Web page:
Neck to Tail…Spatchcocked, Not Half-Cocked

Most glorious spousal unit and I were walking the aisles of our local Amish Market seeking turkey. Sadly, all the gobblers had flown the coop and there wouldn’t be any returning until Tuesday. We found duck. And goose. And turkey parts: breasts, legs, thighs, and necks. Forgive me, but I wanted an assembled bird.
Okay, well mostly assembled. This one is missing a lot of what it was hatched with.

And, by the way, this is not a turkey, it’s a capon. For those wondering: WTF? a capon is a nutless cock (or rooster, if you can’t say cock without giggling). Without testicles, the birds grow smaller heads and bigger bodies. This one weighed in at just over 10 pounds.

Spatchcocking is apparently all the rage this year, mostly because it gives people an opportunity to say cock in public.
That is not a candy cane next to the flat bird, it is the neck and spinal column (with tail) I removed from the bird. If you are too squeamish to do such a thing, you shouldn’t be eating meat.
This is four ounces of liver that came with the bird. I don’t know if it was his liver or not, but I used it in a pâté.
Fixins for pate
The pâté is easy to prepare. I use a ratio of two parts liver to one part fat. For the four ounces of liver, I added one whole shallot, chopped; a large clove of garlic, minced; two ounces of butter, cold; salt, pepper, herbes de Provence, and a shot of cognac.
Cognac and Butter
I sautéed the shallot and garlic in capon fat, added pinches of salt, pepper, and herbes de Provence, and after a couple of minutes, added the capon liver. Once browned a bit, this mixture goes into a blender along with the cold butter and cognac.Whirl the mix until smooth, then scoop it into a container and chill until firm.
Capon Liver Pate!
Spread it on the bread!
Actually, some thinly sliced toasty bread works a bit better.

But what about the bird?

Oh, yeah. the bird. Hmmm. Where was I?

I didn’t do anything special with it. No, really!  When we got it home, I salted it liberally and put it in the fridge overnight. Before it went in the Weber®, I cut out the backbone, added a bit more salt and peppered the inside of what used to be the body cavity.
On the grill
On the Weber, I got the charcoal going, then pushed it to the sides. Between the two mounds of charcoal, I placed a pan of water. I added two small blocks of oak to the charcoal for its smoky goodness. To shield the underside of the bird, I fashioned a very shallow pan out of heavy duty foil.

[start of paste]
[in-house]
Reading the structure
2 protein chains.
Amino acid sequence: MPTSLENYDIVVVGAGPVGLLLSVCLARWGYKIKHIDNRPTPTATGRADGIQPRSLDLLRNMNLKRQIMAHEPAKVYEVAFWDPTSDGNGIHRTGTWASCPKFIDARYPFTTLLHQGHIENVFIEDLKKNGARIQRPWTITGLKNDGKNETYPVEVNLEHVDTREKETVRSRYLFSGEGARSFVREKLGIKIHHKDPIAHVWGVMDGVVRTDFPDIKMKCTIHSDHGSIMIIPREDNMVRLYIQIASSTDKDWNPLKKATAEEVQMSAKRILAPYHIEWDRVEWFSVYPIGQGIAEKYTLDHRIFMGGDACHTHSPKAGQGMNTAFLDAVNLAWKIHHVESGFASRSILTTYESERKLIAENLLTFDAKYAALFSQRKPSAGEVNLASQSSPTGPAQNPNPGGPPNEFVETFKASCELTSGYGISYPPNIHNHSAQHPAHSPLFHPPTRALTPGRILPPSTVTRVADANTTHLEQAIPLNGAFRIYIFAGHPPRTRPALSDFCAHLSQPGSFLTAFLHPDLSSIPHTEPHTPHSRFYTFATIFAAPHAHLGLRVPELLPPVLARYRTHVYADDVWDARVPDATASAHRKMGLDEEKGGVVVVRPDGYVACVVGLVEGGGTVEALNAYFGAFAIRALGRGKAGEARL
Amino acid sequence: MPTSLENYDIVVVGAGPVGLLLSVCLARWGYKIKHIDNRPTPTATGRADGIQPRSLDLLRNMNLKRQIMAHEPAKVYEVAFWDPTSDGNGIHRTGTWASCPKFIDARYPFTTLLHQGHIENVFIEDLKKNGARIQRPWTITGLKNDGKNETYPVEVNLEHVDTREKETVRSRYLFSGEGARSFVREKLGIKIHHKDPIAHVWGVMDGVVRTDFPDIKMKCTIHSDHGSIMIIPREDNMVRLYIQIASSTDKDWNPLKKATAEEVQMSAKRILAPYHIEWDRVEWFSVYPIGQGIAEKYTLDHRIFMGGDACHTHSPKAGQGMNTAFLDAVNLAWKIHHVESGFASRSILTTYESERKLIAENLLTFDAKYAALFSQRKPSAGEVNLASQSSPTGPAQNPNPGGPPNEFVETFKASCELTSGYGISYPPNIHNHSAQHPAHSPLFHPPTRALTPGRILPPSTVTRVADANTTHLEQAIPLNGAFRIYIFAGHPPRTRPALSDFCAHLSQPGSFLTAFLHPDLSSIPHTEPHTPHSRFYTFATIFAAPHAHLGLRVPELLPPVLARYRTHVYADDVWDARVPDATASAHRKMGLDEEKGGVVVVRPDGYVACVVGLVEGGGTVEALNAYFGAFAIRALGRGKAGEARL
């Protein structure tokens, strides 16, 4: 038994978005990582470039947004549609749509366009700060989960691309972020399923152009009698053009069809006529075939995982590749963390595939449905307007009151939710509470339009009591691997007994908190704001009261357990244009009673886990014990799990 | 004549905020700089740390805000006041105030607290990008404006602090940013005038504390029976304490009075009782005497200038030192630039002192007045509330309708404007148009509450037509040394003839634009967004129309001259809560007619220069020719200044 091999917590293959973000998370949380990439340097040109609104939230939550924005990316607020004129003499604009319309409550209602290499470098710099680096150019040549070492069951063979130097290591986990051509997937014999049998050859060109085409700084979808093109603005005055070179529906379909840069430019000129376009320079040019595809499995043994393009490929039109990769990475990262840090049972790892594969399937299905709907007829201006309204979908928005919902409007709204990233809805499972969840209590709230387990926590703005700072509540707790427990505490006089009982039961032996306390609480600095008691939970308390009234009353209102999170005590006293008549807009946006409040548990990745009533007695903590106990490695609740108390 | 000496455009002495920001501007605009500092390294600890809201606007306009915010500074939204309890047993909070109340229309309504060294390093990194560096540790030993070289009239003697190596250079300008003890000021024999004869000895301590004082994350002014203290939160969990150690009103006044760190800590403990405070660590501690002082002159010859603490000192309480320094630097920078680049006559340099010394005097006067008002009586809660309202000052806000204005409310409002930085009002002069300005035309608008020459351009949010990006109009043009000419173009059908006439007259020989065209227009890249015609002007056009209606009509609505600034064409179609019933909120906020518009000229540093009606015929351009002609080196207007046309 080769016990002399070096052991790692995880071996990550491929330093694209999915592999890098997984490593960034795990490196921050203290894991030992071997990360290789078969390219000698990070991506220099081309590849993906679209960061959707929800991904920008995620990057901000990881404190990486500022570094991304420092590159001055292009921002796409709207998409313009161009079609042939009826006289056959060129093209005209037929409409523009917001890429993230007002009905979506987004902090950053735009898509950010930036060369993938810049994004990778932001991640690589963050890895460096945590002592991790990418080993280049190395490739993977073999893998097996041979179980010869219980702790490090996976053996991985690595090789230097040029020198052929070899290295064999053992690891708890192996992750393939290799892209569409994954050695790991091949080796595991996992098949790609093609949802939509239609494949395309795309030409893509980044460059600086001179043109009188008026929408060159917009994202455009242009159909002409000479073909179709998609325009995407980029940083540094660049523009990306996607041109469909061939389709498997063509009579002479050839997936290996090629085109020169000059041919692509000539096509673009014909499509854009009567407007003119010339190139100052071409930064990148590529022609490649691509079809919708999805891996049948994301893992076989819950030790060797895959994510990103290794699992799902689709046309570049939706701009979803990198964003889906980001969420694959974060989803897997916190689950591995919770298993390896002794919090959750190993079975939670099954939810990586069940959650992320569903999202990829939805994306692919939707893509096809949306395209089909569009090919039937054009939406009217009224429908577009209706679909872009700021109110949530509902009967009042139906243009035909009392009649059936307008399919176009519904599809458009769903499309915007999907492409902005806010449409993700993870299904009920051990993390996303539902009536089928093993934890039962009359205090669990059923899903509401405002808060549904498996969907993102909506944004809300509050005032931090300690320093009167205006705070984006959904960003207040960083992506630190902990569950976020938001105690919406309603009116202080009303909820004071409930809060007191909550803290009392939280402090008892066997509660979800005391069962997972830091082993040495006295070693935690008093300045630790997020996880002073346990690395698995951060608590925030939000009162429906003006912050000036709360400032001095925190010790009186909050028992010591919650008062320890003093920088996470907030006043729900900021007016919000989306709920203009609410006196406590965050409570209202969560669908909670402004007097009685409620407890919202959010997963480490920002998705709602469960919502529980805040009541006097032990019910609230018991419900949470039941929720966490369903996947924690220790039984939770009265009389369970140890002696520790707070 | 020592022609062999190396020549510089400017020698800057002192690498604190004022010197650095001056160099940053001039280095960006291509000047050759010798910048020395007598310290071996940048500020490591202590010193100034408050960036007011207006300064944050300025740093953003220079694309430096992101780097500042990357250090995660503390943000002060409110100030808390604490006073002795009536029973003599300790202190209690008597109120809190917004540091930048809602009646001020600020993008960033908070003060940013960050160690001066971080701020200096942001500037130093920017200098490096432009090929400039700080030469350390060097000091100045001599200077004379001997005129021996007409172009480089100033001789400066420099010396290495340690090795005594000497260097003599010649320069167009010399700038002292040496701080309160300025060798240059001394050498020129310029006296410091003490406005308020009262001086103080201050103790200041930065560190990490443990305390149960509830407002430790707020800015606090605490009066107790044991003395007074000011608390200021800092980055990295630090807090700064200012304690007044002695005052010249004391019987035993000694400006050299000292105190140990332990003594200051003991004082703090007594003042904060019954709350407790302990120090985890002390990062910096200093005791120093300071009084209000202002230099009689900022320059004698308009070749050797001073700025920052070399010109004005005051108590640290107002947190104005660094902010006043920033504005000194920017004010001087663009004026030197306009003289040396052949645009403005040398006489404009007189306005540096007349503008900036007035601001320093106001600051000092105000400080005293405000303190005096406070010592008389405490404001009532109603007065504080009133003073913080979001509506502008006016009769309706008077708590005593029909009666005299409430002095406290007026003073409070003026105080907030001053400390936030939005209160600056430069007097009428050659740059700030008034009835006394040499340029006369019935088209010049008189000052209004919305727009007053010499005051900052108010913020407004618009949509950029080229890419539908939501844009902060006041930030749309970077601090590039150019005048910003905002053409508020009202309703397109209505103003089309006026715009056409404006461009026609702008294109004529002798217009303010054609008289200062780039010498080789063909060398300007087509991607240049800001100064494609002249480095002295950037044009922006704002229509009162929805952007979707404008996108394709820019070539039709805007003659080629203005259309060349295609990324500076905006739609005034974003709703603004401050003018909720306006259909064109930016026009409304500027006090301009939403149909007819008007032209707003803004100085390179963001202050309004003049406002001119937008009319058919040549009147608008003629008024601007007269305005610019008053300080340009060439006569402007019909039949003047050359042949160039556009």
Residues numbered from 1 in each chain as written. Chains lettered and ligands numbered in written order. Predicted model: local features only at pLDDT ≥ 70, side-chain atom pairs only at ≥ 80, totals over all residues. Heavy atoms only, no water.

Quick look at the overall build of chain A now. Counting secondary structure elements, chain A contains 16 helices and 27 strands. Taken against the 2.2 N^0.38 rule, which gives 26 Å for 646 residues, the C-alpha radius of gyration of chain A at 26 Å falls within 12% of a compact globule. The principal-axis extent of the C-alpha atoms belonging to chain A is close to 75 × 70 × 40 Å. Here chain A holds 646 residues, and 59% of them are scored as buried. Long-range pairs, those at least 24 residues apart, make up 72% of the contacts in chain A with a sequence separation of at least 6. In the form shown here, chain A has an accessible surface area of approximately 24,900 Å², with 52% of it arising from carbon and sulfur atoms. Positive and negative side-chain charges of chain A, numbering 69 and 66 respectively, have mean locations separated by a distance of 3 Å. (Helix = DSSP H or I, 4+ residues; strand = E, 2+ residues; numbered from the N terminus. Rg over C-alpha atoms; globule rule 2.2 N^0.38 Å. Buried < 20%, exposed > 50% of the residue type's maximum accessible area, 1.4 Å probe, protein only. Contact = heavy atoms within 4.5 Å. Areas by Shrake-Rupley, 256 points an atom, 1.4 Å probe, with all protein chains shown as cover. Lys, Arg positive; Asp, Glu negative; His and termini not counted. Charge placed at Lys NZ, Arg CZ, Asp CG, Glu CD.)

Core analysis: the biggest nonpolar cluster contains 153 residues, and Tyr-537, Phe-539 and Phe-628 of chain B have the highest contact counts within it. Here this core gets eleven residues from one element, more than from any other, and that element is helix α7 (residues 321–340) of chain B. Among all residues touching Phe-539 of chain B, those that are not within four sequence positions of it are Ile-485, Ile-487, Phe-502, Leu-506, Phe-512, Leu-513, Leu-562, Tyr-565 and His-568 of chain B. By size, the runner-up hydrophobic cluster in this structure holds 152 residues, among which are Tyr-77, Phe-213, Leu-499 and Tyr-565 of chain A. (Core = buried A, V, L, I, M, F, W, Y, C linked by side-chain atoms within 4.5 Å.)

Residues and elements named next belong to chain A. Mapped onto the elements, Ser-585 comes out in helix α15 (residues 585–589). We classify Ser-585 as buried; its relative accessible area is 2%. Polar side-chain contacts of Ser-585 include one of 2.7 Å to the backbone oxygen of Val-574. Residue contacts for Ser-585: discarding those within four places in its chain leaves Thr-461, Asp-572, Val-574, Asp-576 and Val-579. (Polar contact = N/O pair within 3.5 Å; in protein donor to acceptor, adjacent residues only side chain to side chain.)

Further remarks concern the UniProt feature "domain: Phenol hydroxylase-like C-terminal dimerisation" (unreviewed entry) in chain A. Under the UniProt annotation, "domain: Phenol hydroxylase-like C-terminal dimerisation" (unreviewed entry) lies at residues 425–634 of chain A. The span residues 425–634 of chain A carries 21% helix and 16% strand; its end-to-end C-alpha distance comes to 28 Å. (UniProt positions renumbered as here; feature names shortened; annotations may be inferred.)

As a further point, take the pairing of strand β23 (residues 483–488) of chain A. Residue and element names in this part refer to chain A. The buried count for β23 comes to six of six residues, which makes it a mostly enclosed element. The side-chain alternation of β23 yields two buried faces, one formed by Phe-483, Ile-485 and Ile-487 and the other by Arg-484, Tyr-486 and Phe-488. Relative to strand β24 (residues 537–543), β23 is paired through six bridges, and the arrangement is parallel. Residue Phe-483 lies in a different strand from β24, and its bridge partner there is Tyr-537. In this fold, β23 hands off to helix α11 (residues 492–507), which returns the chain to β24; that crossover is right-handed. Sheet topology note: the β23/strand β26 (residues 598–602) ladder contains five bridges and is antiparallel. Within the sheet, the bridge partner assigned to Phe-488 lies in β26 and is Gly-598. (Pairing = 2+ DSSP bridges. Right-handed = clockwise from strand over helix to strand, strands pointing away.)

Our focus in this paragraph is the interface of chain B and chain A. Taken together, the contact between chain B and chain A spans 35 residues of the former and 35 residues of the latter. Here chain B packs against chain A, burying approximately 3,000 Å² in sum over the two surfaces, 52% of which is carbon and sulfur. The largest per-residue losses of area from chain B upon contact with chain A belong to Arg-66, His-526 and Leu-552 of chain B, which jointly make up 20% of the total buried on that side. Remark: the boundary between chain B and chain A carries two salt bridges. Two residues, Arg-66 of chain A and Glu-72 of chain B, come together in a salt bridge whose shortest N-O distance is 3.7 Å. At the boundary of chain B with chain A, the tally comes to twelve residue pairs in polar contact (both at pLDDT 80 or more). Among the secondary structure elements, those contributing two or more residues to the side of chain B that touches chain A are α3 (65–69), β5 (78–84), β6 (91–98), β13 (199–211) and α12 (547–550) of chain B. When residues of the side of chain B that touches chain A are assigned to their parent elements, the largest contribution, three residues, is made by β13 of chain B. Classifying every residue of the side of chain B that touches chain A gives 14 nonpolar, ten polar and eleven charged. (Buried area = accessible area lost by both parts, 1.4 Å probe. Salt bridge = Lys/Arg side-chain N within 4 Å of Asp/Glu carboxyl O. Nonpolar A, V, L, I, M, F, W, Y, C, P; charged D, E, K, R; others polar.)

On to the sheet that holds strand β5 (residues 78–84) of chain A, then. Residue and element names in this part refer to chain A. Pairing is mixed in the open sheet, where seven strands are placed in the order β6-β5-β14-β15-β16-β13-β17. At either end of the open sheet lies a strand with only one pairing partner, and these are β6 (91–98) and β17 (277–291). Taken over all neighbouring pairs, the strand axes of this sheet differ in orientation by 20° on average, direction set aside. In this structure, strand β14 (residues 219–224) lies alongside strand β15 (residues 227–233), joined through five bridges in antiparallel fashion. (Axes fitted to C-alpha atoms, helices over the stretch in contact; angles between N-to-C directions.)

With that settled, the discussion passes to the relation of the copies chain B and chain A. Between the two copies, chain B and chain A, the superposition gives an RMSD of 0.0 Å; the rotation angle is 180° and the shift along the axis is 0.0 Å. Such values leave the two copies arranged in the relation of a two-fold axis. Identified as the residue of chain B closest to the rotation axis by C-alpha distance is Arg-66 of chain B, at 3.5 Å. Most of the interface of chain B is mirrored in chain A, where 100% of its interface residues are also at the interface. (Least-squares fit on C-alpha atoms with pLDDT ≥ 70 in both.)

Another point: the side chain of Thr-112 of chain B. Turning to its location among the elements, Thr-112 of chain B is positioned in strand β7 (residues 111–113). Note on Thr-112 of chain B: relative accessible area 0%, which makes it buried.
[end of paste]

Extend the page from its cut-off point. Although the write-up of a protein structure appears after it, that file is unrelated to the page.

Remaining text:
It took me about a half-hour to get the temp stable around 250°F. It was chilly — in the 40’s — and there was a good bit of breeze, but once I got it stable, it stayed pretty steady.
What I really didn’t expect was this:
The breast was 158°F and…
the thighs came in at about 179°F.

The breast was very moist and had a nice, light smoke ring:
Smoked and Juicy
This bird was pretty fatty and had a layer under the skin that rivaled what you’d find on a duck. I didn’t expect the smoke to penetrate as well as it did nor did I expect the temperature variance that actually worked to my advantage.

Most glorious spousal unit wanted some au gratin potatoes. That recipe is also pretty straightforward: A pound of potatoes, sliced thinly; garlic, minced; salt, pepper, and cream. After an hour of baking at 400°F (20 covered, 40 uncovered), top with cheddar cheese and pop it back in for 10 minutes.
Potatoes Au Gratin
The cheese melts and runs down the sides where the potatoes have pulled away from the ramekin and gets all deliciously crunchy.
Capon and Taters
While we may have celebrated our Thanksgiving a bit early this year, it all worked out very well and we enjoyed a wonderfully delicious Sunday Dinner. Thank you, folks at the Amish Market, for NOT having turkeys!

This entry was posted in Recipes: Eats, Techniques and tagged , , , by johngl. Bookmark the permalink.

About johngl

A bit of a wildman, John hails from the Midwest: A land of corn, cows, pigs, and a host of other healthfully meaty pursuits. Born on a dark and stormy night in late Fall, John grew up as the son of a meat cutter. There was always plenty of meat at hand. While not wealthy by any stretch of the imagination, his family certainly ate well. According to his father, that was the whole point.